Tranya Rimor Wireless Headphones offer a very respectable price-to-performance ratio, with AirPod quality at a fraction of the cost. But bargain hunters can find comparable devices for even cheaper.
Apple products are great, but there’s almost always a Faustian deal. iPads are undoubtedly some of the best slates around, nearly rivaling the power and versality of laptop computers. But the company’s ‘walled garden’ approach with their App Store means you can’t run emulators without jailbreaking your device. Similarly, AirPods have their own weakness. They offer a well-designed way to listen to music and take calls, all while flaunting a distinctive look. But the $159 price (or $249 for the AirPods) leave a lot of room for competitors to come and undercut Apple.
If cost if more important than conformity, there are a lot of worthwhile competitors. The Anker Soundcore Life P2s have been my daily music listening device for the last few months. After taking advantage of the occasional discount (these retail for $59.99 but sporadically drop to $49.99) the P2s have been my earbuds of choice for walking the dogs and when I used to travel to work every day. Sure, the sound doesn’t match the output by those $300+ headsets, but they offer about the same aural quality while beating the battery life of AirPods, all at less than one-third of the cost. If I ever lose one, I’ll certainly be distressed but I won’t be completely undone. Since the battery life of lithium-ion fueled-devices decrease with usage and the power source isn’t easily replaced, most Bluetooth headphones are disposable. So, why pay more than you should?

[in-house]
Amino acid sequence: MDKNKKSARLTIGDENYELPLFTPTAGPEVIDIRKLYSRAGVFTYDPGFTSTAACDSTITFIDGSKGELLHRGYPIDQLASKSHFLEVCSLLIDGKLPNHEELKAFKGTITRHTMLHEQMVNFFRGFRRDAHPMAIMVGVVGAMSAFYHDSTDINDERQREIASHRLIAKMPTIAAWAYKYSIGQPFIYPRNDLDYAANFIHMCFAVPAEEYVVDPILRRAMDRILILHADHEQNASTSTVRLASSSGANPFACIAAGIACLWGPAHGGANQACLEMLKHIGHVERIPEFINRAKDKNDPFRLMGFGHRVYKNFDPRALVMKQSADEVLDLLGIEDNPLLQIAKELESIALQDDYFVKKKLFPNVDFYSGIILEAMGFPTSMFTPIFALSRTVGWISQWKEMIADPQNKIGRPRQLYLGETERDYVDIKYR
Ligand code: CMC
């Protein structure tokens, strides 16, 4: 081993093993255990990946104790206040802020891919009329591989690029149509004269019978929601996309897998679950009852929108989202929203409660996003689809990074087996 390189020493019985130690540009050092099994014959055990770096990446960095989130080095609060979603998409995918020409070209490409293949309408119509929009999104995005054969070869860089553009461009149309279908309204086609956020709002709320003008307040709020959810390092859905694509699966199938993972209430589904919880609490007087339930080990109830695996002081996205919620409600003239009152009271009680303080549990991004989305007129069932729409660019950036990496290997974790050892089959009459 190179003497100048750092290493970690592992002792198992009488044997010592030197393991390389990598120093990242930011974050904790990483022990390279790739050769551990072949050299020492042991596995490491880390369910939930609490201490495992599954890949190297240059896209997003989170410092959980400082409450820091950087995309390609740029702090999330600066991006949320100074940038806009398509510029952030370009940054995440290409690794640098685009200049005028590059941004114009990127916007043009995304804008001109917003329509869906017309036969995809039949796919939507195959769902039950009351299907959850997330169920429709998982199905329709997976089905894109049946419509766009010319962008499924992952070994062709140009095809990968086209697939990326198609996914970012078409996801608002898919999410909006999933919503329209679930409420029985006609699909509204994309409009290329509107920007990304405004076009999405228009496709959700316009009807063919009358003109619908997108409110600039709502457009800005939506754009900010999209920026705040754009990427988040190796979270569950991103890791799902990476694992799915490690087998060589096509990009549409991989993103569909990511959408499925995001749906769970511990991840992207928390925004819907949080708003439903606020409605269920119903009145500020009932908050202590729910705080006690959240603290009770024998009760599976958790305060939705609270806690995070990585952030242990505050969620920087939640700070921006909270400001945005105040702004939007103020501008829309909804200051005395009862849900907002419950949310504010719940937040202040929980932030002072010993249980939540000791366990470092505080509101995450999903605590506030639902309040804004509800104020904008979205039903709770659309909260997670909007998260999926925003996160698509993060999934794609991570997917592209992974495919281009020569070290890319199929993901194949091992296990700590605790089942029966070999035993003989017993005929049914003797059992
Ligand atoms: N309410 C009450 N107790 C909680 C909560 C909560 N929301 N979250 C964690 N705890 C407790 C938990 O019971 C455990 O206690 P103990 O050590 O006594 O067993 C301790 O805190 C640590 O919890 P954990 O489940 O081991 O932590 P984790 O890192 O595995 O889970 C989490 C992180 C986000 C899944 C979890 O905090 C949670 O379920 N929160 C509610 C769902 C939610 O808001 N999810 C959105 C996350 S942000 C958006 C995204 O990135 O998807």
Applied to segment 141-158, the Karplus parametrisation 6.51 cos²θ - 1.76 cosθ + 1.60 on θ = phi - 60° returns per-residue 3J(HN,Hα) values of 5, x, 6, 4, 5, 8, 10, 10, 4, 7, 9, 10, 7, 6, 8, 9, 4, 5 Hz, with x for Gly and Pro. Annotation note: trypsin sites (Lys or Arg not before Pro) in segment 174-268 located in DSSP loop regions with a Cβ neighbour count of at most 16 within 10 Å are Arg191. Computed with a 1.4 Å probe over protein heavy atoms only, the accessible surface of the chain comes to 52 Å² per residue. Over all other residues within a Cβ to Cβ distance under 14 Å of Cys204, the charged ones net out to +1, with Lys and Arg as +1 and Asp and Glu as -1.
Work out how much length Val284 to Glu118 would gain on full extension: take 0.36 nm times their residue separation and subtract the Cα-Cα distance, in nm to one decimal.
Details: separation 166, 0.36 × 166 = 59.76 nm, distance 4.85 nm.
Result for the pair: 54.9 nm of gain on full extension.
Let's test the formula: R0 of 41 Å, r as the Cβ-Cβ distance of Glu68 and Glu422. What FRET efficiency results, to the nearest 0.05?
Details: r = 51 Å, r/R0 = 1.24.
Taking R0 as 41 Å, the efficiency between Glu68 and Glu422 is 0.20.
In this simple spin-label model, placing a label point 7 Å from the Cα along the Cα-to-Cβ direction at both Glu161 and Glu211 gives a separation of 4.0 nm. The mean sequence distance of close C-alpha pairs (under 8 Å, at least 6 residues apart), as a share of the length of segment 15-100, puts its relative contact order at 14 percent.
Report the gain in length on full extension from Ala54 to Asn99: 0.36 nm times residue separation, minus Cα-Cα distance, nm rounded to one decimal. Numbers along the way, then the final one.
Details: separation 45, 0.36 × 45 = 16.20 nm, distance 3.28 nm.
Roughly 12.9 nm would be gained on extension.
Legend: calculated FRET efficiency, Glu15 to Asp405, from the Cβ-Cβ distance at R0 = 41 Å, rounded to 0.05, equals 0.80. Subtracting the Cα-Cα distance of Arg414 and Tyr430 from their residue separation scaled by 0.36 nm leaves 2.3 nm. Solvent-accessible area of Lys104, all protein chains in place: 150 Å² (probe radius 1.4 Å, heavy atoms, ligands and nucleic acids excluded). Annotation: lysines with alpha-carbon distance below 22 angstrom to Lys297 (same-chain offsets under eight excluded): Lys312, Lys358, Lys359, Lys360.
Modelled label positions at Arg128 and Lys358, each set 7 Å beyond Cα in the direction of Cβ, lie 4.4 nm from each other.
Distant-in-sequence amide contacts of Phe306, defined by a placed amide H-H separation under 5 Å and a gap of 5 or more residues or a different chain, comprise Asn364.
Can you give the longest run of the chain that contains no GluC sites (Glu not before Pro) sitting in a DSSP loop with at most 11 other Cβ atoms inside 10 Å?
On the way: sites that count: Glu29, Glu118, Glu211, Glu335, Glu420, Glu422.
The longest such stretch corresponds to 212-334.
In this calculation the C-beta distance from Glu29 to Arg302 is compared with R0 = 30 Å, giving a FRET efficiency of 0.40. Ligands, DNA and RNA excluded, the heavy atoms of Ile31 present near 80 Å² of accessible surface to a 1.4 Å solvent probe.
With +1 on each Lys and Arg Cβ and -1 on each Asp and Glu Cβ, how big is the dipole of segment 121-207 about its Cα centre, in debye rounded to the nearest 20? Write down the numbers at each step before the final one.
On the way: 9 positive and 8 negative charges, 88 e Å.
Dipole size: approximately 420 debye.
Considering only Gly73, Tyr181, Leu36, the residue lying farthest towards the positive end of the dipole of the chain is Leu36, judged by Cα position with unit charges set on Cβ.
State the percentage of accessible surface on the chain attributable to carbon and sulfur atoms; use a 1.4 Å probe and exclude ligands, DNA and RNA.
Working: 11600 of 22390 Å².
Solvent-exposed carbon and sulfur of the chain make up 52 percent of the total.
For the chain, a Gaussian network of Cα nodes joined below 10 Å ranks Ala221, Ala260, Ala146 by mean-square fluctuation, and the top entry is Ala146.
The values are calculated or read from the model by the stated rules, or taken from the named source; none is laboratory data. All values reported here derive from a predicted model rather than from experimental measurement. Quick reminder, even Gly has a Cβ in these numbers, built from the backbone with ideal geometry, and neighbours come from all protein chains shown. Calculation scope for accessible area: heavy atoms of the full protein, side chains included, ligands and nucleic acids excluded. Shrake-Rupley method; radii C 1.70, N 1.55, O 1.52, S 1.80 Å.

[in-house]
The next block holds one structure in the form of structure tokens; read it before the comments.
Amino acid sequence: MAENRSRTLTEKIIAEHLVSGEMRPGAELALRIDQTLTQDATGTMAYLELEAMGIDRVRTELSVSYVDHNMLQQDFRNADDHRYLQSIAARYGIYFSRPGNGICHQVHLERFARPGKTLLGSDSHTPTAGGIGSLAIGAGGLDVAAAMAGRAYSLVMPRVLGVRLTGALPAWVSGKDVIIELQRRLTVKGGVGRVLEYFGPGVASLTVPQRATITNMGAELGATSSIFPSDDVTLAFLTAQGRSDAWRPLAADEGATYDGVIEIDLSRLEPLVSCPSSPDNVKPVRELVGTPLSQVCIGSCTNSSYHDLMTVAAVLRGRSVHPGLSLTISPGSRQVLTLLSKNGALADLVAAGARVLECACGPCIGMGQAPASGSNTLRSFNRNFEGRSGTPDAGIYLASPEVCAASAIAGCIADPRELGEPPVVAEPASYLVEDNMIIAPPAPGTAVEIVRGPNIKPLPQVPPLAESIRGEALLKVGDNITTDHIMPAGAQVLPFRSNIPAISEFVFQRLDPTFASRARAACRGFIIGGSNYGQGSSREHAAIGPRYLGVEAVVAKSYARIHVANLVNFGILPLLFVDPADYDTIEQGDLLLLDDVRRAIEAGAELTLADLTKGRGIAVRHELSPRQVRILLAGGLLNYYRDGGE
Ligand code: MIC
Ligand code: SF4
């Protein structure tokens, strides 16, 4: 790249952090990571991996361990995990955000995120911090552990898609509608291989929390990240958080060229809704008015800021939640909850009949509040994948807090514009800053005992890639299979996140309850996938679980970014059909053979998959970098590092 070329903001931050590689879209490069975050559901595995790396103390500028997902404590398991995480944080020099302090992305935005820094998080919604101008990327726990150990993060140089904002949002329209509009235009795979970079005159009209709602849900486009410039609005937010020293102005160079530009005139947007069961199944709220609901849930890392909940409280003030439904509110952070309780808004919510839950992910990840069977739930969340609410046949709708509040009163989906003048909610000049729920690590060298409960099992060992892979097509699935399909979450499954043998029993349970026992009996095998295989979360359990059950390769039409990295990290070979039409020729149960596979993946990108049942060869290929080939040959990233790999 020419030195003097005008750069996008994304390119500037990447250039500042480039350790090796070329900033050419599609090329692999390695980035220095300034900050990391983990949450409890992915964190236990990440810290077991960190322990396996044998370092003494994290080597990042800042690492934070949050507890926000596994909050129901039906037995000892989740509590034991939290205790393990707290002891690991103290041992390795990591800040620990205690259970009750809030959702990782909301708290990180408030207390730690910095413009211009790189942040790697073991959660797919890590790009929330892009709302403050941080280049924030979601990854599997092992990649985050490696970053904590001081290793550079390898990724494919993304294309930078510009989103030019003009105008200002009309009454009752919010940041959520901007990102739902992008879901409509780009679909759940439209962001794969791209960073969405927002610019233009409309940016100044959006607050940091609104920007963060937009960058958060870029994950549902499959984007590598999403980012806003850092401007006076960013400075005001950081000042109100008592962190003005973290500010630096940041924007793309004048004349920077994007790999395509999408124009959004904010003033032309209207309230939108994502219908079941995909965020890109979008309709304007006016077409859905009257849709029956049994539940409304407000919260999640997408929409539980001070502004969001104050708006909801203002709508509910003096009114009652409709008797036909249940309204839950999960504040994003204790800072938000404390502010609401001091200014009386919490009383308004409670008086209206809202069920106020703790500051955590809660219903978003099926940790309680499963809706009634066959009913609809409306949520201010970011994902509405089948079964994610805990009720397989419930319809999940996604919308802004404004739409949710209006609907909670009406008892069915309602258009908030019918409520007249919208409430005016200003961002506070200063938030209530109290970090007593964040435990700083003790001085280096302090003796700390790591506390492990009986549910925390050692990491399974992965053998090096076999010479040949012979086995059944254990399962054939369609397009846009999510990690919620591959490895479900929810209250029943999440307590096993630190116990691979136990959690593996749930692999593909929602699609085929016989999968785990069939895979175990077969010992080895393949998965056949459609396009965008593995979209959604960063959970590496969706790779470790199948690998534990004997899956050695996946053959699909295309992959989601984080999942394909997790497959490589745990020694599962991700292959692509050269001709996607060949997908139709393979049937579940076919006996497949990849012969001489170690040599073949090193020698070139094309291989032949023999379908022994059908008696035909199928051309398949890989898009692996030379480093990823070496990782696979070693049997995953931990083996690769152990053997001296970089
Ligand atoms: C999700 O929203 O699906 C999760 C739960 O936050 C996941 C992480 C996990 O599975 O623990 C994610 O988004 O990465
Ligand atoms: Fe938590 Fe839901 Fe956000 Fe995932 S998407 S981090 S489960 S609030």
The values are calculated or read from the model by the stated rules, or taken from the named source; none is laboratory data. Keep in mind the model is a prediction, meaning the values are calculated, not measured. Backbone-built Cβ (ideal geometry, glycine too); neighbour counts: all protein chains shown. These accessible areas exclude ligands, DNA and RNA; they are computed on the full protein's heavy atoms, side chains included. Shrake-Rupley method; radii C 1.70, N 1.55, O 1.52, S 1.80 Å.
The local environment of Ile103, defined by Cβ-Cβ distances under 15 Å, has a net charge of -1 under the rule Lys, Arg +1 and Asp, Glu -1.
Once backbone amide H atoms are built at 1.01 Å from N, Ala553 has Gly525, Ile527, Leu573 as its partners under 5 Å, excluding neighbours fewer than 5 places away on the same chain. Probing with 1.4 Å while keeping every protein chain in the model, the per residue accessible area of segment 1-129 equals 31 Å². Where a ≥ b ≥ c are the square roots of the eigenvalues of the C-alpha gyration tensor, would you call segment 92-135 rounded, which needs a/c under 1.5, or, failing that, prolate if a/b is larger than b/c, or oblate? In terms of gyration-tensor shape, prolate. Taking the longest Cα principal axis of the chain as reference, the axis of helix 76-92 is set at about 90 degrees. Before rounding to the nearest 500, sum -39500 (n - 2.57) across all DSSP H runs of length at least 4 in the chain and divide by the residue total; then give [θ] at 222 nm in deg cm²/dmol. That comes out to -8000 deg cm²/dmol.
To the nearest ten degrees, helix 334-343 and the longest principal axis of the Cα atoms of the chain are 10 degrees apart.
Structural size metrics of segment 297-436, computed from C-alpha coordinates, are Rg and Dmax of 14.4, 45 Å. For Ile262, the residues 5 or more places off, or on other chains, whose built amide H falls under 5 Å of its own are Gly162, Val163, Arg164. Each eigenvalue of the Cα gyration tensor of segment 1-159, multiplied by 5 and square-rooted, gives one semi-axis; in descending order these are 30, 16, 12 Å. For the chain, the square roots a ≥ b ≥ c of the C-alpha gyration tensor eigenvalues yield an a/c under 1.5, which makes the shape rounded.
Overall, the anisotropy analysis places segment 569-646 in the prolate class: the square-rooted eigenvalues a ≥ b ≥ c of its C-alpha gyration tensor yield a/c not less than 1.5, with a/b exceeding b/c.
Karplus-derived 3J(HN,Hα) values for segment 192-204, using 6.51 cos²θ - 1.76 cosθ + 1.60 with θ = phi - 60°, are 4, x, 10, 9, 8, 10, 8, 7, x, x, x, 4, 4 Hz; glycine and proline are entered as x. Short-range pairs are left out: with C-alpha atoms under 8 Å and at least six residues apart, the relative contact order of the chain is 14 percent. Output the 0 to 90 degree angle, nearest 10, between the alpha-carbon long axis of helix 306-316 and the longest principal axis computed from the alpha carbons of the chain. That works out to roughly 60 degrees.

Ready to Pair?
When I first started using a pair of Tranya Rimors, I didn’t think the earbuds would threaten my fondness for the P2s. Undoubtedly, they didn’t make a great impression out the box. While most Bluetooth devices arrive with at least a partial charge, the Rimors were delivered in a peculiar state. Pulling the earphone from the plastic case which also doubles as a charger, the left unit immediately paired. The right one seemed to pair but repeatedly shut off, making it seem defective. Even though the twenty-page English and German user manual doesn’t state it, charging any lithium-ion device to capacity should be the first step in the troubleshooting process. Once this was accomplished, both earbuds easily paired, and I was ready for dog walking.
Sound output is subjective, and my personal preference is a device that doesn’t skimp on either end of the audio spectrum. If a bass line doesn’t seem rich or a hi-hat hit isn’t crisp, I’ll move to another headset. While the Rimors aren’t quite as bassy as other more expensive and less convenient, closed-ear headphones, they deliver a bit of punch for their diminutive size. That said, if you’re accustomed to the low-end favoritism of Beats, these might not be a good choice. The Rimor’s provide solid reproduction of the entire spectrum, with quite competent trebles, a healthy midrange, and acceptable lows. The 10mm drivers sound a just a bit better than my P2s, but not nearly enough to cover the $20-$30 difference. While they advertise environmental noise cancelation, don’t expect Bose-performance on a budget. At best, you might expect then to block out 10-15 dB when a bud is snugly placed in the ear canal. Unfortunately, this can be uncomfortable concession for many people.